Feinstein Fends Off Strong Democratic Challenger Who Warns It's No Time 'To Play Polite'

U.S. Sen. Dianne Feinstein, left, gestures toward supporters before speaking at an election night event in San Francisco, Tuesday, Nov. 6, 2018. (AP Photo/Jeff Chiu) (Jeff Chiu/)

The unexpected battle seemed like it might foreshadow a growing push among California's Democrats for change. But in the end, Dianne Feinstein held on to the Senate seat she first won in 1992, ahead by about 6 points as Election Day drew to a close.

By then, she'd faced an unexpectedly robust challenge for her fifth full term, a challenge that came from a member of her own party — made possible by California's top-two primary system.

Feinstein seemed well aware of her of legacy as she spoke to supporters shortly before State Sen. Kevin de León called her to concede. At 85, Feinstein is the oldest serving U.S. senator.

She joked that after so many terms she was surprised to still see a crowd.

"As I walked into this jammed room, somewhat overheated, I thought: You know, how lucky I am to have a constituency like this," she said. "How lucky I am to have a family, husband, daughter, step-daughters that support me.'"

That support served her well as de León, who is 51, cast himself as a more progressive choice for state voters who haven't elected a Republican to the U.S. Senate since Pete Wilson won re-election in 1988.

BATTLE LINES

De León launched his U.S. Senate bid more than a year ago at an event held at Los Angeles Trade Technical College in downtown L.A.

Feinstein had come under scrutiny from some California Democrats for, at times, striking a more moderate tone toward President Trump. And de León sought to draw a sharp distinction between Feinstein's old guard-style and his own.

His decision to jump into a race where the incumbent was widely seen to have a lock came less than two months after Feinstein had called for patience with Trump's presidency at a much-written about appearance in San Francisco.

Her words became campaign ammunition for de León. Throughout what at first seemed like a quixotic run to beat Feinstein, de León cast himself as an agent of change who would break through the political gridlock in Washington.

It's an argument that he didn't have much opportunity to make face to face. The two rivals met just once in a candidate forum ahead of the general election. That took place in San Francisco in mid-October.

California state Sen. Kevin de León at his election night headquarters at La Plaza de Cultura y Artes in Los Angeles. (AP Photo/Reed Saxon)

On Tuesday night, even as he took the stage to cheering supporters, De León continued to emphasize the divide between them. He pointed out that he, not Feinstein, won the endorsement of the state party.

This was after he'd congratulated Feinstein on her victory.

"We've shown that you just can't elect Democrats that talk like Democrats. We have to fight for Democrats who share our values, who aren't afraid to stand up, to speak out, and fight every day and every which way for the most vulnerable of California," he said.

De León urged his supporters to see themselves as the future of the party, telling them that they have bent the center of political gravity. Some in the crowd gathered near the stage shouted out, "Kevin for mayor!" and "Kevin for governor!" as he spoke.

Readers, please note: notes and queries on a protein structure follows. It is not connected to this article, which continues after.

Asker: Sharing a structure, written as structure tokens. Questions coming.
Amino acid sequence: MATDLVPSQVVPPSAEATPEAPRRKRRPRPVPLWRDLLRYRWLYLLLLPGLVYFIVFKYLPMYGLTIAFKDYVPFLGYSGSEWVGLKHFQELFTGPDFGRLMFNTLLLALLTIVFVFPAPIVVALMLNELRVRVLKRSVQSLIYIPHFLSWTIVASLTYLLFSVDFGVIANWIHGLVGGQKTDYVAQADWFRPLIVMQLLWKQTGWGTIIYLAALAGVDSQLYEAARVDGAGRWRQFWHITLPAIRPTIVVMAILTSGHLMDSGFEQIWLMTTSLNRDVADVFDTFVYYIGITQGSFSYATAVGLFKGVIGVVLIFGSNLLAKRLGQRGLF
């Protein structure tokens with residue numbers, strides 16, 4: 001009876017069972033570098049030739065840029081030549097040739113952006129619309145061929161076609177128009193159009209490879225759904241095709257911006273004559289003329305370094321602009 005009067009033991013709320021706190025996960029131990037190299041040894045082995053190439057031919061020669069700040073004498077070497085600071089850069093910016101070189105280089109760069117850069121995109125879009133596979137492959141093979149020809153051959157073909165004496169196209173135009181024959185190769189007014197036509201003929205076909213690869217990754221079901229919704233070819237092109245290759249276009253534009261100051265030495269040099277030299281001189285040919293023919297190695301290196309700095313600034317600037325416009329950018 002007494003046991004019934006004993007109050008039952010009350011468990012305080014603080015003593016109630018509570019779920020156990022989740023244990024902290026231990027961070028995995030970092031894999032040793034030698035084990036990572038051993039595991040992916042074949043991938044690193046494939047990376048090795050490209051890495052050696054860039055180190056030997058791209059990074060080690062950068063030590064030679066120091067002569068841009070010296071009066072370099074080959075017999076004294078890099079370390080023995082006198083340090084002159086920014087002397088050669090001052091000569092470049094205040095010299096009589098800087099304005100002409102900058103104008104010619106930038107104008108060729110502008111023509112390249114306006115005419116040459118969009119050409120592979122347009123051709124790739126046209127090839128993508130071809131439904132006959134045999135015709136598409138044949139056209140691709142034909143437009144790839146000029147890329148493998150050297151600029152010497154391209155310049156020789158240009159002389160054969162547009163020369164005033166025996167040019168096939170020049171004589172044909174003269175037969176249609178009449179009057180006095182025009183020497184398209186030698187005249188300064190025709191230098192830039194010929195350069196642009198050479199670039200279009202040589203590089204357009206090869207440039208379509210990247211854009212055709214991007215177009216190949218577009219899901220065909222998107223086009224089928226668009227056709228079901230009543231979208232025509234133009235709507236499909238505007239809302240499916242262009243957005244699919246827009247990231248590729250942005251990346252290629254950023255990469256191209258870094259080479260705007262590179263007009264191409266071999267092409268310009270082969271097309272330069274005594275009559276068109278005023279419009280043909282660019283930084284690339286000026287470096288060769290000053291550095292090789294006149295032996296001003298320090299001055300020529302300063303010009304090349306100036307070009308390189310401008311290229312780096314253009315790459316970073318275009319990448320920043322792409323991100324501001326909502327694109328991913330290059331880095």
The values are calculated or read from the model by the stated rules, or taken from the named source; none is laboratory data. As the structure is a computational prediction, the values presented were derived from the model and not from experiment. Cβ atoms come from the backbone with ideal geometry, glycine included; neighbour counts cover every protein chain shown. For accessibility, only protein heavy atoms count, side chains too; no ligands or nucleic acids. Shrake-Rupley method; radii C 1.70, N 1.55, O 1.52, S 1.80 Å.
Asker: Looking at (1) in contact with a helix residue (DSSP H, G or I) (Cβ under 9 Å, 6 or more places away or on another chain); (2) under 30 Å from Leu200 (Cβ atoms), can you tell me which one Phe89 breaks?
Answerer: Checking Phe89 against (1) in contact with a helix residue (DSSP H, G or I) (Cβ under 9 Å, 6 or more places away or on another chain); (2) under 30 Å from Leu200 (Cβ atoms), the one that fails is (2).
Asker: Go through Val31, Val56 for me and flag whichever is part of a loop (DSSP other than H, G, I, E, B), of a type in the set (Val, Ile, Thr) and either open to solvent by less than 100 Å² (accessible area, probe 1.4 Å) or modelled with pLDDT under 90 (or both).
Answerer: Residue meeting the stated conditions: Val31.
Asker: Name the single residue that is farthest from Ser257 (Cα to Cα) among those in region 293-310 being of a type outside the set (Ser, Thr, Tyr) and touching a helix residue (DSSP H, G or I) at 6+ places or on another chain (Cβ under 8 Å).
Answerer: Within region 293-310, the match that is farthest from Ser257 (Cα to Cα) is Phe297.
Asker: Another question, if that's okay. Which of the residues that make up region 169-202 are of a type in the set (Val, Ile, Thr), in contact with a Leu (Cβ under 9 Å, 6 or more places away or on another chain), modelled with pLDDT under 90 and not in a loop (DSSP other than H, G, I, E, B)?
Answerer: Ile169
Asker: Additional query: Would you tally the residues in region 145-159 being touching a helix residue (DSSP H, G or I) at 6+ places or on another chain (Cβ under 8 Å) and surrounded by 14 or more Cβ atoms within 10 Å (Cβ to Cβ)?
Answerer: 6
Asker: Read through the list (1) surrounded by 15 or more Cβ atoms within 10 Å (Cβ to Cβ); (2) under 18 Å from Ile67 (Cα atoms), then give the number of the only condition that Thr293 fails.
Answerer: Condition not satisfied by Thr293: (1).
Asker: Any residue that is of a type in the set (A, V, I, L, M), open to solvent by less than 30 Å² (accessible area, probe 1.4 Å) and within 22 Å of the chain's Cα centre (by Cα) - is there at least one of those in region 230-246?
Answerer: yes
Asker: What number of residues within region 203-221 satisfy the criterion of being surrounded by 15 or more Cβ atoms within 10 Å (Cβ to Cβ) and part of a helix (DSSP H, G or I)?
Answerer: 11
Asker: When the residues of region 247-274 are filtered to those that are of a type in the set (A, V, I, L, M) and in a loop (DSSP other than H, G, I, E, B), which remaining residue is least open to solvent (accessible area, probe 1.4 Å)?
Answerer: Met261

"This is a new chapter, this is just the beginning of a new California," De León said. "We are in the fight for the soul of our nation ... we will not bide our time and play polite."

During his campaign, he repeatedly highlighted what he sees as California's recent legislative successes on issues like health care, protecting immigrants and climate change.

His message resonated with backers.

Michael Rincon of Thousand Oaks said he hopes de León tries again for higher office.

"I see a shift in Democratic values and ideologies, especially as more of the baby boomers start to retire and pass along," Rincon said. "I feel that the younger generation of Democrats, or younger generation of Americans in general, the values are different from our parents, from our grandparents."

THE CAMPAIGN

Feinstein, who was initially largely absent from the campaign trail, became more active in recent weeks, appearing at events and doing interviews throughout the state.

She sought to leverage her experience and track record on issues like women's rights and gun control.

Feinstein was vocal about her support for raising the required age to purchase firearms and preventing individuals on the terrorist watch list from purchasing guns. And she reminded voters she was the author of the assault weapons ban, which banned military-style firearms from 1994 to 2004.

And, of course, criticism of her being too soft on Trump was mitigated as she took a leading role in the nomination hearings for now-Supreme Court Justice Brett Kavanaugh. Her high-profile time in the spotlight during those hearings earned her support from some liberals, and criticism from others. Some felt she abandoned the trust of Christine Blasey Ford when information regarding the letter Ford submitted to her office was reported on by The Intercept.

Feinstein later referred Ford's letter to the FBI.

On election night, Feinstein told those gathered that she took her responsibilities seriously and her esperience to date allowed her to continue to grow as a leader.

She underscored her trailblazing as a woman on the Senate Committee on the Judiciary, saying where she was once alone there were now four other Democratic women serving with her.

"I hope you find our service very forceful and special for you, those of you who are women, those of you who are men," she said. "This is such a great country and it has been factionalized and trivialized with rhetoric. We must stop that. We must come together as the great power that we are, for the good of the nation and, I think, of mankind."


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